Edit - One other thing to check is antenna heights above the ground. You will get fade zones as you move the antennas apart. The distance these occur at depends on the antenna heights above the ground. The higher you can get them the better. A simple check for this is to see if the signal comes back when you move further way. Unless you are very close to the ground 8 meters seems a little early for this effect to kick in but it is worth checking.

Hi AndyA,
Thanks for you input. I will give this a try and let you know.
A have one more query. It seems like the distance I am getting is almost twice the actual distance between tag and anchor. I don’t understand why that’s happening. Any ideas?


Is it always twice or is it the correct range with a constant distance error added?

It depends on how exactly range is calculated, sometimes it’s easy to miss a divide by 2 somewhere. A quick skim through that code looks like they are using


Which should give the correct range once multiplied by the speed of light so a factor of two error seems odd.

However if you’re getting a constant offset on the range then that could easily be explained by poor antenna delay calibration. Every unit has a slightly different delay between the antenna and the transmitter/receiver logic on the chip. This needs to be measured and corrected for. With only two devices this is as simple as subtracting the offset. With more than two it gets more complicated since you need to work out how much of the delay each device is responsible for.
The chip does have the ability to correct for these errors automatically, you still need to work them out and program them into the chip but then the times from the chip are all corrected to allow for this. Or you can handle it entirely in your own code and correct for it there.

Hi AndyA,
I think it is an offset caused by antenna delays.
When I am measuring short distance, it appears to have doubled the range.

I wanted to ask how the antenna placement affects the range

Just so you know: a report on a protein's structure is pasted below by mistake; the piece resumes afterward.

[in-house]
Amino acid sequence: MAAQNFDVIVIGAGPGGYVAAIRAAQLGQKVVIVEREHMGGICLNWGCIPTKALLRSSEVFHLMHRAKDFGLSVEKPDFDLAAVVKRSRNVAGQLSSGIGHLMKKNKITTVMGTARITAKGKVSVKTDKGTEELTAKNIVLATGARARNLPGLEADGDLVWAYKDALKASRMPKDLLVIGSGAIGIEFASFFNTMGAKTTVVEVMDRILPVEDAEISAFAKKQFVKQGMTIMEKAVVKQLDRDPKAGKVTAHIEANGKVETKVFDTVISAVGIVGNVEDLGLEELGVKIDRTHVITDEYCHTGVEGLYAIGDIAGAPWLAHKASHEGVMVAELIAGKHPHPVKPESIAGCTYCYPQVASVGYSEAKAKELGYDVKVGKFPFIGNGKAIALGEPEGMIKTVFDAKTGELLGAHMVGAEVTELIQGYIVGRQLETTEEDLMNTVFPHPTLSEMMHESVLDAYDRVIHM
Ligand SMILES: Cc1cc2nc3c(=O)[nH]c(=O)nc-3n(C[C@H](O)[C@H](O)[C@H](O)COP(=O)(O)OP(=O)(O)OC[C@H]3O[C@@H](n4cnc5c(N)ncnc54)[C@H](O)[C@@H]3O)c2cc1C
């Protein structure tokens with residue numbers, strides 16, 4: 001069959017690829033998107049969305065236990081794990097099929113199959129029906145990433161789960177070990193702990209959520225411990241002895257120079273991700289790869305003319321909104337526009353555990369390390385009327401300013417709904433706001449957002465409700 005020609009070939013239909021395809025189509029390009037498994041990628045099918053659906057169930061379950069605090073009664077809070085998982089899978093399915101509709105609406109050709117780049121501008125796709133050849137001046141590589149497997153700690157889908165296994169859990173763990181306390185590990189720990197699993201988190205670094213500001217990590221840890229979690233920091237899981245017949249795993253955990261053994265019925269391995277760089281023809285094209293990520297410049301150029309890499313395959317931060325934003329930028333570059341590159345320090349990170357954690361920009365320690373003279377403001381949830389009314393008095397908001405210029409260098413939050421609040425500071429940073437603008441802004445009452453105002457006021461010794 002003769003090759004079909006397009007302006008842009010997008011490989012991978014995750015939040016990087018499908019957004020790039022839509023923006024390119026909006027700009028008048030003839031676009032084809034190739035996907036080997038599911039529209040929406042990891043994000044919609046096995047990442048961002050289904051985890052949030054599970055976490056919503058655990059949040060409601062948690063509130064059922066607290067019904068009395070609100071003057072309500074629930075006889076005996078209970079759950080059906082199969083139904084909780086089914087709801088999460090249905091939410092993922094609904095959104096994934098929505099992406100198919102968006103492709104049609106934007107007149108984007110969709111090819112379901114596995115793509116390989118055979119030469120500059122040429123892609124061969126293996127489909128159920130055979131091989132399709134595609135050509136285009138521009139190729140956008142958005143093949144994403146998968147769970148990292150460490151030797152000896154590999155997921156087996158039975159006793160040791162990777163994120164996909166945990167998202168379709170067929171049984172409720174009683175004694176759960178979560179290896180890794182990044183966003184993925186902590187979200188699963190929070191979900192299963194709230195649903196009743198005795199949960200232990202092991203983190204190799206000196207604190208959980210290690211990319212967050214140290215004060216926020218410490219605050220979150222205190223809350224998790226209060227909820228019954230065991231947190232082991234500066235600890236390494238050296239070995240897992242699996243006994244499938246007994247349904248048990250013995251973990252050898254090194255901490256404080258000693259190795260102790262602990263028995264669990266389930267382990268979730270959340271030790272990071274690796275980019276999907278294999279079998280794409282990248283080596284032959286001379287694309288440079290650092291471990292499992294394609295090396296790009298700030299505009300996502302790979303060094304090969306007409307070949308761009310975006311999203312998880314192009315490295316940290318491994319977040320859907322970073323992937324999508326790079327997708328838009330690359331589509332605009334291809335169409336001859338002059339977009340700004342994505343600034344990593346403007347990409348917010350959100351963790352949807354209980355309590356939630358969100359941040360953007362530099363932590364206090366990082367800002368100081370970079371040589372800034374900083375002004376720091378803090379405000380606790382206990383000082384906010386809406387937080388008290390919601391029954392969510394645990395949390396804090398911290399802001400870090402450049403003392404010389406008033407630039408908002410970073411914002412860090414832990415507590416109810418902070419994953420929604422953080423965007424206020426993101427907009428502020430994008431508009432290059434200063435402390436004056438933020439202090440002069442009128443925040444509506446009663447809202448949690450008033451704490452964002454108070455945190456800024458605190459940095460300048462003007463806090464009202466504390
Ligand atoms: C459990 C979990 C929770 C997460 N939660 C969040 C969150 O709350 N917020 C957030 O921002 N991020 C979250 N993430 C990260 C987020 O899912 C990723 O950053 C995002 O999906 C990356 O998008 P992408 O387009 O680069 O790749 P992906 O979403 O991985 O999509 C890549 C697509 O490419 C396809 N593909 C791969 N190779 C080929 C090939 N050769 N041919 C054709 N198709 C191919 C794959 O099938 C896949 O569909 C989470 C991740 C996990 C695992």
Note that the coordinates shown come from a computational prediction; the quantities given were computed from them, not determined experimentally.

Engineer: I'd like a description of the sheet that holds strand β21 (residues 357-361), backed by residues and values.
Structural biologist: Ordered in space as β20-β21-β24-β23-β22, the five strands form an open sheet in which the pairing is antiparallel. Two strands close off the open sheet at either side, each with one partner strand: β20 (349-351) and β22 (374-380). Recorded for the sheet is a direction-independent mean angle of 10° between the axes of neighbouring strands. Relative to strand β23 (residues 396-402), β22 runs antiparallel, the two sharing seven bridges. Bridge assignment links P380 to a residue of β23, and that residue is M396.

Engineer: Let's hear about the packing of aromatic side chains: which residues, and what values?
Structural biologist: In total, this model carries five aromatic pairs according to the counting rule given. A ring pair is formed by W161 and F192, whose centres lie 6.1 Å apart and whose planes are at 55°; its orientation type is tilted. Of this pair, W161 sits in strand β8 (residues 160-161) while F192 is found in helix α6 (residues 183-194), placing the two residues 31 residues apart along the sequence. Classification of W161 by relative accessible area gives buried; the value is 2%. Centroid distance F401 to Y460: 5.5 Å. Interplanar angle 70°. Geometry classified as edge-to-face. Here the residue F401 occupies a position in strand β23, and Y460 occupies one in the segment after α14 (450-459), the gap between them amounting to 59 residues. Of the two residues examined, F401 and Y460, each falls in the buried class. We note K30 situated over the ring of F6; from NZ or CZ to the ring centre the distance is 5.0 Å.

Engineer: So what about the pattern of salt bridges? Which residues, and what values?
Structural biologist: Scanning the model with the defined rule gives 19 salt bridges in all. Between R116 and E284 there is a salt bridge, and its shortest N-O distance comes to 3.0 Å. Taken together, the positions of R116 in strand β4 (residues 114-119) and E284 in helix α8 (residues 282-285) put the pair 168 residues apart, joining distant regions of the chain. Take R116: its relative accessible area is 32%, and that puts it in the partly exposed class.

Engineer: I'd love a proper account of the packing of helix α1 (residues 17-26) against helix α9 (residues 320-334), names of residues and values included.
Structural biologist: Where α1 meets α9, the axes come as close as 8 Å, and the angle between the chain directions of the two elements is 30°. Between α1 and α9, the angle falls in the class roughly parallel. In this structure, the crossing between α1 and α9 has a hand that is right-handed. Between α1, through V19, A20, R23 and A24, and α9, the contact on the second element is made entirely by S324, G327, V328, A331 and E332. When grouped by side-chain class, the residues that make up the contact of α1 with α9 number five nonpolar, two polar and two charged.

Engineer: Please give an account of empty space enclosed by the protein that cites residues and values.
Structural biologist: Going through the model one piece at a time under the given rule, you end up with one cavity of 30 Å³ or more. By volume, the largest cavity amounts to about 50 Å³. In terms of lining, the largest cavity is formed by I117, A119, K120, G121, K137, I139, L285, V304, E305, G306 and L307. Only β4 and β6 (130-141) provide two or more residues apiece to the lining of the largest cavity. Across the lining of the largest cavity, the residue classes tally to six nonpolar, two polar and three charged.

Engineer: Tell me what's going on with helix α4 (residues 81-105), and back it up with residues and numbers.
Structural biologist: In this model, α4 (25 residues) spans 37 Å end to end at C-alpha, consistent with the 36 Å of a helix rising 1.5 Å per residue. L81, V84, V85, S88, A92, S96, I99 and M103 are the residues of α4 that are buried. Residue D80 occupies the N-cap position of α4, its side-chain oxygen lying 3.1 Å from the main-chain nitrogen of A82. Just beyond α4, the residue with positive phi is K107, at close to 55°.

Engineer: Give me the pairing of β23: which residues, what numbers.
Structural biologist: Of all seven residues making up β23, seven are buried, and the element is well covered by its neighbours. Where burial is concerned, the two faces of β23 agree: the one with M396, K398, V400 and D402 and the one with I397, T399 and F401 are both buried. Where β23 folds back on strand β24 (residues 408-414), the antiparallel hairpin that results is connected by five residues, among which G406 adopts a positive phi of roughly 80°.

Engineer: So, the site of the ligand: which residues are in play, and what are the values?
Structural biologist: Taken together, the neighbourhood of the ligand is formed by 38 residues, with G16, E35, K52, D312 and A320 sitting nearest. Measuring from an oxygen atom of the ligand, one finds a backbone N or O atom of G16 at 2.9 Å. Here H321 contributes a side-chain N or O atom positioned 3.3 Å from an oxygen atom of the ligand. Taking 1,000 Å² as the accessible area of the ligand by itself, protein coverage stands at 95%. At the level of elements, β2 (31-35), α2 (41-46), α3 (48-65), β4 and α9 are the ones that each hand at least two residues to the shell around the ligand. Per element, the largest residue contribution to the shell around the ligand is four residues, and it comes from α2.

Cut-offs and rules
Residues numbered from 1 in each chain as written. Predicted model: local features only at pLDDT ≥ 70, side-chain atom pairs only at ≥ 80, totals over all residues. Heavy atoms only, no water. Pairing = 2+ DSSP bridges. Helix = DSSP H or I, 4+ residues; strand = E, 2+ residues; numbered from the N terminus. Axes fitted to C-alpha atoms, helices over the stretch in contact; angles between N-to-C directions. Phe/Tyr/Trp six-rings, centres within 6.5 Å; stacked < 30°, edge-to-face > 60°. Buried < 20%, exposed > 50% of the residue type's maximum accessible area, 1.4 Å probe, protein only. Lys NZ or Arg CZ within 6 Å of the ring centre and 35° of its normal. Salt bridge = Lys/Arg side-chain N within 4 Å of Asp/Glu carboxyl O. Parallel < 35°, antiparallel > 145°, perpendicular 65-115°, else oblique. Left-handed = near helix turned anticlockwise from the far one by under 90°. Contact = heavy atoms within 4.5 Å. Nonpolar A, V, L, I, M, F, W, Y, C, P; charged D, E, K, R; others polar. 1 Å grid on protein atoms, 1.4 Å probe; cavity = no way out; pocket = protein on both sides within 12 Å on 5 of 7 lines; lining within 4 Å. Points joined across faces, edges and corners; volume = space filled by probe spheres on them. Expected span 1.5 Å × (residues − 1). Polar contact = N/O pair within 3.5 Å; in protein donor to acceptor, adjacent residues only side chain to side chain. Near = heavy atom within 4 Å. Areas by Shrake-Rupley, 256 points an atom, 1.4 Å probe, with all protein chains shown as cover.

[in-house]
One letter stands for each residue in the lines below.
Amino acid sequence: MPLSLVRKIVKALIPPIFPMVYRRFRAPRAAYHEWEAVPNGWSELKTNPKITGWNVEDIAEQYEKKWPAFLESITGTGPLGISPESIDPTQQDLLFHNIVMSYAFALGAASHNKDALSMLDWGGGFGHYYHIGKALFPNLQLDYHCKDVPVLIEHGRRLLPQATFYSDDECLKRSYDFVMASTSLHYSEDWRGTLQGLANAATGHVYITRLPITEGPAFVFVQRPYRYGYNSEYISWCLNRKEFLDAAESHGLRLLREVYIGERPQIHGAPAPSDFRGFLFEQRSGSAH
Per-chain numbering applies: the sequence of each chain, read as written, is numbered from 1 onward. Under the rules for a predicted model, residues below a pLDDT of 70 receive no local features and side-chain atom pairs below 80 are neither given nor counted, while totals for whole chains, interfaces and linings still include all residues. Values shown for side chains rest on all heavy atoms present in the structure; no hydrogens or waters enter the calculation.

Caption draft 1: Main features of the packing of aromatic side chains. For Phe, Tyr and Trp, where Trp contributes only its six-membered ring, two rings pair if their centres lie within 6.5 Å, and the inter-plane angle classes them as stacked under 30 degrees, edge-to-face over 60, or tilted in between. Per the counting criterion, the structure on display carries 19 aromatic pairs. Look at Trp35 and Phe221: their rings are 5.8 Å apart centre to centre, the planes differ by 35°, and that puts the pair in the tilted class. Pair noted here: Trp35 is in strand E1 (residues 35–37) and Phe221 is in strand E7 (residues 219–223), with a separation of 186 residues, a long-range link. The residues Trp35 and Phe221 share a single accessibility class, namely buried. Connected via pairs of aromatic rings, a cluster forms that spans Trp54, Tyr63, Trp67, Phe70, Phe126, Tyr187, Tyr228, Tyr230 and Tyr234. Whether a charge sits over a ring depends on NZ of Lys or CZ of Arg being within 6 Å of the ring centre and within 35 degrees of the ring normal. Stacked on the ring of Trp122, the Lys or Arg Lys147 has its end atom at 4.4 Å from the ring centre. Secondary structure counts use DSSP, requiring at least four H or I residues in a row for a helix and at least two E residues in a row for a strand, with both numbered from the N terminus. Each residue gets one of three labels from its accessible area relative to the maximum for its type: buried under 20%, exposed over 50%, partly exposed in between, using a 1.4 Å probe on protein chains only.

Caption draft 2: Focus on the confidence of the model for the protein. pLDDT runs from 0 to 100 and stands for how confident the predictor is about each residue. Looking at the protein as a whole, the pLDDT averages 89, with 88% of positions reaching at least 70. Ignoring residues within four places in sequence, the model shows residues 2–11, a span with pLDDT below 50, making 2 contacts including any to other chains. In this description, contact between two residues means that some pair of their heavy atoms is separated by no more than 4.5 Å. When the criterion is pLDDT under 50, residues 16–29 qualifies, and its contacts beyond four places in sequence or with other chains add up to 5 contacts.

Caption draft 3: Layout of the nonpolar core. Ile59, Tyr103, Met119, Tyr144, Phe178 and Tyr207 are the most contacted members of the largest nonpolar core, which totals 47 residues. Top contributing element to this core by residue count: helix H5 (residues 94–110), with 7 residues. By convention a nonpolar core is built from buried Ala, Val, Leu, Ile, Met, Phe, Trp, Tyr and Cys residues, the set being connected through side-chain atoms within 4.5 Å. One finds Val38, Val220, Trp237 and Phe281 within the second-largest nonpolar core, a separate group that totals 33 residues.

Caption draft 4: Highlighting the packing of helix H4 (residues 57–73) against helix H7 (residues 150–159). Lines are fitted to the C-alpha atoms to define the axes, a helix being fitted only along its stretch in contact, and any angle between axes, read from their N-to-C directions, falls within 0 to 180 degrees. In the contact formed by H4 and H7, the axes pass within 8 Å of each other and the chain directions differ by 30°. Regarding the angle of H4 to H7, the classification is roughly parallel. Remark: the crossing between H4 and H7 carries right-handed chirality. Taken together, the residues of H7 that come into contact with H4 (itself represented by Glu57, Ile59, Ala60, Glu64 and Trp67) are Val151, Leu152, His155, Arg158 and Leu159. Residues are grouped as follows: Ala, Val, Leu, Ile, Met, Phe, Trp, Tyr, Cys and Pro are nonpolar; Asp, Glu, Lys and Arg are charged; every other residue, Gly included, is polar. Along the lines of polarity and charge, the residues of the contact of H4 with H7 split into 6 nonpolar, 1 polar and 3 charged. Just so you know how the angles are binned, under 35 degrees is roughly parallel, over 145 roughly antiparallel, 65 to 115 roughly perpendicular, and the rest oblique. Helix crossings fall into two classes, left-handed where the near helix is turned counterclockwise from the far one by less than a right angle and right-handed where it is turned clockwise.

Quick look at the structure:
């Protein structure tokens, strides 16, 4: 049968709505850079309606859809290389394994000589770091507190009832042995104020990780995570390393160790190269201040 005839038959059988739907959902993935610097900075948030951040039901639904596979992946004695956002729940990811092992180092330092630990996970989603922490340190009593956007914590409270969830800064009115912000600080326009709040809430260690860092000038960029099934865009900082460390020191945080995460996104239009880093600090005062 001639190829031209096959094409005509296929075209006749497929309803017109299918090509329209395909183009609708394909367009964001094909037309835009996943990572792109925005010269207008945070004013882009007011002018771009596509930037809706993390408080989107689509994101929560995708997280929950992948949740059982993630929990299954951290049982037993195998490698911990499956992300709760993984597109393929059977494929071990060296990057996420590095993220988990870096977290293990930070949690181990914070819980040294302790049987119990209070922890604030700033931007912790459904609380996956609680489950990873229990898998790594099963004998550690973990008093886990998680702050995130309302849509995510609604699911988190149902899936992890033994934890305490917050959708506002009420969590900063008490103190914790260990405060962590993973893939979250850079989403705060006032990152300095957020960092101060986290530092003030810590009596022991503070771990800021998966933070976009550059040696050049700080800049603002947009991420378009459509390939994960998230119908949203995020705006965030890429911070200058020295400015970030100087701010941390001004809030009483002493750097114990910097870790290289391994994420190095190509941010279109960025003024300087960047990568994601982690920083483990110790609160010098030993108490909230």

Currently I have placed the anchor and the tag on a desk, around 75 cm above the ground. and the antenna facing up and away from any metal.
I am thinking that the communication range for my setup is getting obstructed due to antenna placement or orientation but I am sure what it is.

Can you please guide me how should I place the antenna and what’s the reason behind that?
Also, another thing I am noticing is that once my anchor and tag goes out of range, it takes them some time/ distance to connect again. What could be the reason for that?


In the datasheet for the module there are a set of charts showing antenna gain in various orientations. For each orientation there are two charts, one for vertical polarisation and one for horizontal.
This is all horribly confusing at first but the short version is you want your antennas to be oriented to ensure you always get the largest possible signal, that is the line on the chart is as far from the centre as possible.
The charts are in dB which is a logarithmic scale with a line every 5dB. In dB increasing something by 3dB is roughly doubling the power, 10dB is 10 times the power. Keep in mind that the gain applies at both the receiving and the transmitting end so 3dB at each ends gives you 6 dB in total, enough to double your range.

For the DW1000 this means the board mounted vertically so the antenna is sticking up out the top. This gives the pattern labelled Azimuth Theta. If all the antennas are in this orientation then the gain only varies by around 10dB worst case depending on the orientation and frequency, most of the time it’s closer to 5dB of variation. That sounds like a lot but it’s fairly good for this sort of antenna.